Updated: Nov. '07
Iíve been lucky enough to grow up at a time (the second half of the 20th century) when America was becoming the most powerful and wealthiest country in the world. What a difference a generation makes. Those who grew up in the 1st half of that century lived through two wars and a major depression - quite different from me. My family would have been called middle class, but during my life, the middle class of the United States has become the richest middle class in the history of the world. The income level at which a single mom qualifies for welfare in the US is three times the income of the average person in China*. And yet, few Americans understand the uniqueness of those circumstances and the comparative luxury we take as commonplace.
I've noticed that we Americans are generally quite ignorant of our income compared to others - even other Americans. In a non-scientific survey, I asked several people what they thought the average income is in this country. Most gave an amount very close to their own income, in some cases too low and in others, too high. The median income of a family in the US is just under $50,000/year here (as of August 2007). But my friends and acquaintances guessed as low as $20,000 and as high as $90,000. Everybody seems to think he/she is average and almost nobody understands how wealthy they are compared to those in other countries.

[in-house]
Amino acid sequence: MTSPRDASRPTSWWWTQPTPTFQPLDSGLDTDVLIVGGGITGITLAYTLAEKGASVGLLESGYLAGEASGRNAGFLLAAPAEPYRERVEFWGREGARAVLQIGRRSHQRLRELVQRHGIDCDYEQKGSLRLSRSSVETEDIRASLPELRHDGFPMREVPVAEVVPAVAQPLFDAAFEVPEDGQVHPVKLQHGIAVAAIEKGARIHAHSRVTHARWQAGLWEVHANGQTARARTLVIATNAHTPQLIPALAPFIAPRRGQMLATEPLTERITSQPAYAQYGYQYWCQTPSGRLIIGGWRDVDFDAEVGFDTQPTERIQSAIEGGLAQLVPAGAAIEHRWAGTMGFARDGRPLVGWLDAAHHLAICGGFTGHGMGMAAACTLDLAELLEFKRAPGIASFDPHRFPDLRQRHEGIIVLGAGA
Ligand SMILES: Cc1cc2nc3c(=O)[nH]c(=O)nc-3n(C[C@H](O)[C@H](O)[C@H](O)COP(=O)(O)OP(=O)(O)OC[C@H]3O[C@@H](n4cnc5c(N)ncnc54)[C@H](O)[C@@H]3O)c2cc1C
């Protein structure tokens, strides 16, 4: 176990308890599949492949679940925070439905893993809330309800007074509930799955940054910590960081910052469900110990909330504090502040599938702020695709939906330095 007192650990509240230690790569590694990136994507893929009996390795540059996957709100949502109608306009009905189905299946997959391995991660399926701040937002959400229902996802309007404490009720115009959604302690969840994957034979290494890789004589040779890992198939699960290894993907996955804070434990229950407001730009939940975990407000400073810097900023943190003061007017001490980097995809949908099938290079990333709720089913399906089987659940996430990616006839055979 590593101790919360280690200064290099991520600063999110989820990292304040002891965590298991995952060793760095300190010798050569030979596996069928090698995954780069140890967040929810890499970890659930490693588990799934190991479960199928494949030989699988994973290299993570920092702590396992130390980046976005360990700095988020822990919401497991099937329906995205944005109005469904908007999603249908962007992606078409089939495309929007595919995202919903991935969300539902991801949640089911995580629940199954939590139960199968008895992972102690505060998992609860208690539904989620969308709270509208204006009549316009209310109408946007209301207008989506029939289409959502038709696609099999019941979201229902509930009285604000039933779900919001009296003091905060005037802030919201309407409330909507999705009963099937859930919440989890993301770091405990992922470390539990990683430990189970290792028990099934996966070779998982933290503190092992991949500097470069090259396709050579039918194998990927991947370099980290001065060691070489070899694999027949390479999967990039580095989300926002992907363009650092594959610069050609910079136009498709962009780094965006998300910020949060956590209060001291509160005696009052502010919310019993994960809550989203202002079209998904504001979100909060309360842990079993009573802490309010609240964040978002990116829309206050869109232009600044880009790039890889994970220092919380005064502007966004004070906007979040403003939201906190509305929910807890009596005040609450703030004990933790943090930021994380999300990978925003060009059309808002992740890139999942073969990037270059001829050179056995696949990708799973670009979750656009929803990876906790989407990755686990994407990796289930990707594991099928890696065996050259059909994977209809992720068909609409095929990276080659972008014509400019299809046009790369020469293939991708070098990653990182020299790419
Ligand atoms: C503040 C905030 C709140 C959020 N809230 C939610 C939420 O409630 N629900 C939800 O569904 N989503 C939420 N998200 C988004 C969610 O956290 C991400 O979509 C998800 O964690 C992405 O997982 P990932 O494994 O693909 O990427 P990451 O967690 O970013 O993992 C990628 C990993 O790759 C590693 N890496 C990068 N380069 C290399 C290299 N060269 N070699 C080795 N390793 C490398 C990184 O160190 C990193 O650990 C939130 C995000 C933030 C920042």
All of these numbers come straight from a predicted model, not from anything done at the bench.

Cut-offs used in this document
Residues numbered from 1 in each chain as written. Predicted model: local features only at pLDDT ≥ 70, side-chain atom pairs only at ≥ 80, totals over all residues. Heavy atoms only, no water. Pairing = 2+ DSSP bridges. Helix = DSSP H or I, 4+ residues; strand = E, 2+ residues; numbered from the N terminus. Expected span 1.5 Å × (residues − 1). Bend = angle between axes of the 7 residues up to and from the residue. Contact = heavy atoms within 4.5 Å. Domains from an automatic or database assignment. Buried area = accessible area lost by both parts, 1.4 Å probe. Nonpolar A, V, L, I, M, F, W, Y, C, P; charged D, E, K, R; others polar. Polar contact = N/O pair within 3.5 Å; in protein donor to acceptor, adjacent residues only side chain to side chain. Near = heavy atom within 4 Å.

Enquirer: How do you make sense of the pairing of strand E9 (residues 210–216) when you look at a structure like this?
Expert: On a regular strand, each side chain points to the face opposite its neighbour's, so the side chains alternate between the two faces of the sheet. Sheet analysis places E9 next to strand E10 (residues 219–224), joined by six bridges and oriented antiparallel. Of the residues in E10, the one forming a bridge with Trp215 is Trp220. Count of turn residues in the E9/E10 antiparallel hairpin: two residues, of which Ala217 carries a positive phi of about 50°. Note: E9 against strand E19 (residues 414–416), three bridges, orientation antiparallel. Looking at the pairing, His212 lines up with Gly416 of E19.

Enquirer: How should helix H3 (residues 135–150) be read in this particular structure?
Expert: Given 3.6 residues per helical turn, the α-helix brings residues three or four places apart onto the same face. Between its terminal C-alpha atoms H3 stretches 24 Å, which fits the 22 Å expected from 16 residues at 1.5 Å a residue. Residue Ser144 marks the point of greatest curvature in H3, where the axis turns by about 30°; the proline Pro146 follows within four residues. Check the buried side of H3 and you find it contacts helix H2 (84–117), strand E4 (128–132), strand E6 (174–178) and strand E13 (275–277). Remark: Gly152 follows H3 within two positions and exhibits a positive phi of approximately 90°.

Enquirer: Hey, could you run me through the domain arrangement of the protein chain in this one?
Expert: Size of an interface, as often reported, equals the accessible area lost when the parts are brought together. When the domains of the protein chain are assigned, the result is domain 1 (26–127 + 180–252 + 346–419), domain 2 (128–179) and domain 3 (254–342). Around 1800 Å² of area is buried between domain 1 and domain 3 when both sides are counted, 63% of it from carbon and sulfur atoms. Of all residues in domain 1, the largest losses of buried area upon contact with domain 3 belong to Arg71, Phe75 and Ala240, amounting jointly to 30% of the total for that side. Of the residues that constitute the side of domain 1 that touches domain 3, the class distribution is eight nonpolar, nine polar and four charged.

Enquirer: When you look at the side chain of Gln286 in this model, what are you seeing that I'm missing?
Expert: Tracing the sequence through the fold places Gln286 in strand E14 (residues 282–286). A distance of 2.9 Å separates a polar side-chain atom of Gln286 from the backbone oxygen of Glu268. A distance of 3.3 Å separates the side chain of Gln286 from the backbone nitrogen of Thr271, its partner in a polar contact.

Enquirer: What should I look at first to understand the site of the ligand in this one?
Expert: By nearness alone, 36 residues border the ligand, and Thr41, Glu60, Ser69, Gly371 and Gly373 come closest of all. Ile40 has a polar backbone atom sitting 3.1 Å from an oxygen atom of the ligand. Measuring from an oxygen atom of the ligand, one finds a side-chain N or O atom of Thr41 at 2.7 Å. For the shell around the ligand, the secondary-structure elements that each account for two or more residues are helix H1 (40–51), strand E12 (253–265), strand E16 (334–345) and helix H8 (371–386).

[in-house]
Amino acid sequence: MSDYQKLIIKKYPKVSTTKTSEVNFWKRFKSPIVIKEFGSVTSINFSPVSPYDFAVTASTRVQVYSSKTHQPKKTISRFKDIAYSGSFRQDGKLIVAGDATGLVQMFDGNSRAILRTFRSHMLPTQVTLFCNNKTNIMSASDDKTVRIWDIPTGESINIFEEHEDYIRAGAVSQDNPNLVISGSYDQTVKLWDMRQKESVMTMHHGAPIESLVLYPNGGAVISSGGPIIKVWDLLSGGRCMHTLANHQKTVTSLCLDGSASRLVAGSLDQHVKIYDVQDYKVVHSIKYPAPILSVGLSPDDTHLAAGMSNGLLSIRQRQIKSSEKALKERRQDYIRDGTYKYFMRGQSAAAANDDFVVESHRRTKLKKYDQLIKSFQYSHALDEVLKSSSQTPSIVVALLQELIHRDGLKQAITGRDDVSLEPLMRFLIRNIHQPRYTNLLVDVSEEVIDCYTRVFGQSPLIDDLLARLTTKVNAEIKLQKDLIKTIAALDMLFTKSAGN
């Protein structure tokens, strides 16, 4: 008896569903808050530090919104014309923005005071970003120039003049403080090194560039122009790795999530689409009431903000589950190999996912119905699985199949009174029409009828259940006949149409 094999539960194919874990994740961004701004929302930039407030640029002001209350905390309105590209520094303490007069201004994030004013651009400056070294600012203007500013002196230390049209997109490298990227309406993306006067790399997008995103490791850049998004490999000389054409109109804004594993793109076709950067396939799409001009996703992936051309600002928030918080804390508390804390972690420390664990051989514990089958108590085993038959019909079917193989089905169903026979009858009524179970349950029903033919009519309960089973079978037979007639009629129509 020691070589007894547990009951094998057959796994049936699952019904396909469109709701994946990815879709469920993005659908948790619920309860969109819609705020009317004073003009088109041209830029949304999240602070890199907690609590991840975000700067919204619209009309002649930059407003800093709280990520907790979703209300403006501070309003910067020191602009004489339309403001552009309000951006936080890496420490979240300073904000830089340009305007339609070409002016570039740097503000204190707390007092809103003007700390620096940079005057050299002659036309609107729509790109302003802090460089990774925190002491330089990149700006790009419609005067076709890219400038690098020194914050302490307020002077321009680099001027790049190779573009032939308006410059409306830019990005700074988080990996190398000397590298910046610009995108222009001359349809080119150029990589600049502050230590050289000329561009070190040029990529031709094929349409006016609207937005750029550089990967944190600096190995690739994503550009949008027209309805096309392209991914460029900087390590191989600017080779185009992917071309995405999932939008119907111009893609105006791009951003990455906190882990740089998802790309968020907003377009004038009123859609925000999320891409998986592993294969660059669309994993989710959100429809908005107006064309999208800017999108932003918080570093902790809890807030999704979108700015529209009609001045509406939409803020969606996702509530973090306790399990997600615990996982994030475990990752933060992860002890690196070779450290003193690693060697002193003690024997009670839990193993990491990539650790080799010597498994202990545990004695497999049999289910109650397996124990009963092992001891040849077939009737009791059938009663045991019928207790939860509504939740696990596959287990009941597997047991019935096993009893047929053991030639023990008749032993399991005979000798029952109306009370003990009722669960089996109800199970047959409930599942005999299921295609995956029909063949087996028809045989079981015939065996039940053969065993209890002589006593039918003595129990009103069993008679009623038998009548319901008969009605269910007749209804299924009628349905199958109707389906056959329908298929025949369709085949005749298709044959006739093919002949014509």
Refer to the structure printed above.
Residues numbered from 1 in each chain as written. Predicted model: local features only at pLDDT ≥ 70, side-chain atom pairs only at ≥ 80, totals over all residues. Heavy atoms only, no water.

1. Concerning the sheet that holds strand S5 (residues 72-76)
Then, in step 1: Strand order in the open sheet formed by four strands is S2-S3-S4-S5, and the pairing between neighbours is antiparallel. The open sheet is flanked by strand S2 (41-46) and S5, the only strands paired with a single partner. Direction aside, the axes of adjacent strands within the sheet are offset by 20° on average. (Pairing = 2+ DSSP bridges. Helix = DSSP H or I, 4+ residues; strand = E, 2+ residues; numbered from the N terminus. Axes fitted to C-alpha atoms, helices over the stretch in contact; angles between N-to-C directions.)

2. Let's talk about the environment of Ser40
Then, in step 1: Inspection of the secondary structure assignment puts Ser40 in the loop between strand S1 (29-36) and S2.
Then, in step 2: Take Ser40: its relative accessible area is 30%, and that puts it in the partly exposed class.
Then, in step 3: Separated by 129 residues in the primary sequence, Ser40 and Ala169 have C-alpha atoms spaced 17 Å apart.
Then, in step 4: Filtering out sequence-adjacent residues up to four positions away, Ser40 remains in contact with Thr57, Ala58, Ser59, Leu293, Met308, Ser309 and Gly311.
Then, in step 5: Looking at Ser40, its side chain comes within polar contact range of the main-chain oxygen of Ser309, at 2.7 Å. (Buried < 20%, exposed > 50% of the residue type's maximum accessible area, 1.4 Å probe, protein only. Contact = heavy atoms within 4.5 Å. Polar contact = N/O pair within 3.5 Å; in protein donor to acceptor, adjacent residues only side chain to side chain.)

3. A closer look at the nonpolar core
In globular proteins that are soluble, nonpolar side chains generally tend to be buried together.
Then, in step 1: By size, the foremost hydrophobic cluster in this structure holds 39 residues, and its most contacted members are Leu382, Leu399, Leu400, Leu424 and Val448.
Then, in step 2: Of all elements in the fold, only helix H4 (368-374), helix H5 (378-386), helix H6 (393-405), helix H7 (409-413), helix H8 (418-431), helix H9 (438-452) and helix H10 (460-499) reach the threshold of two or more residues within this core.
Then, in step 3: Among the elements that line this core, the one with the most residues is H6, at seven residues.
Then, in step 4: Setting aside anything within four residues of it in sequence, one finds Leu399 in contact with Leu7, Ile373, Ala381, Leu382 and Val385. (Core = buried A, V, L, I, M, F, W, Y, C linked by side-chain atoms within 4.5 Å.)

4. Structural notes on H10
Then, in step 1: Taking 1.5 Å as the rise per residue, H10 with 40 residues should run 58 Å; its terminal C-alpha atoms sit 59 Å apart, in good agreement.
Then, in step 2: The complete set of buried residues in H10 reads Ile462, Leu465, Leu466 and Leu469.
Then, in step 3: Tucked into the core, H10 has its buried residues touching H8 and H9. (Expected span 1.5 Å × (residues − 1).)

Maybe, there is an element of psychological self-protection going on here: nobody wants to think they are different from others, so perhaps people 'adjust' themselves to the average. Perhaps also, we don't want to be embarrassed by our riches, so we refuse to acknowledge them.
But then, ironically, Americans are very aware of the cost of individual items. TV ads give us a barrage of savings-oriented commercials, asking us to be smart and compare items. And there is considerable evidence people do shop for the best deals on many small items, such as groceries. Look at the success of Walmart, promising to save you 8 cents on a roll of toilet paper. That company is now the largest grocery store in America! Yes, I said grocery store.
What does it say about a citizenry which seems to concentrate on money so much, while having more of it than those in the rest of the world?
And, to complete the ironic trilogy, consider how many Americans are filing for bankruptcy, and how few are saving any money.
Someone has to explain this to me, because I don't understand it....
*According to the federal government, fewer than 13% of our citizens live in poverty. (A person is defined as living in poverty in the US if he or she makes less than $9,700/year. For a single mom with two kids, the lower limit is $15,000 in income.) Compare that to the average person's income in China. In 2002, it was about $960/year in US dollars. If you correct for "purchasing power" because it's cheaper to live in China, the average income rises to about $4,500/year. That's half our poverty rate and 1/10 of our average income! Roughly 90% of all Chinese people would qualify for welfare in the US, as would almost everyone in Pakistan, India and most of Africa.
"The worst form of inequality is to try to make unequal things equal." - Aristotle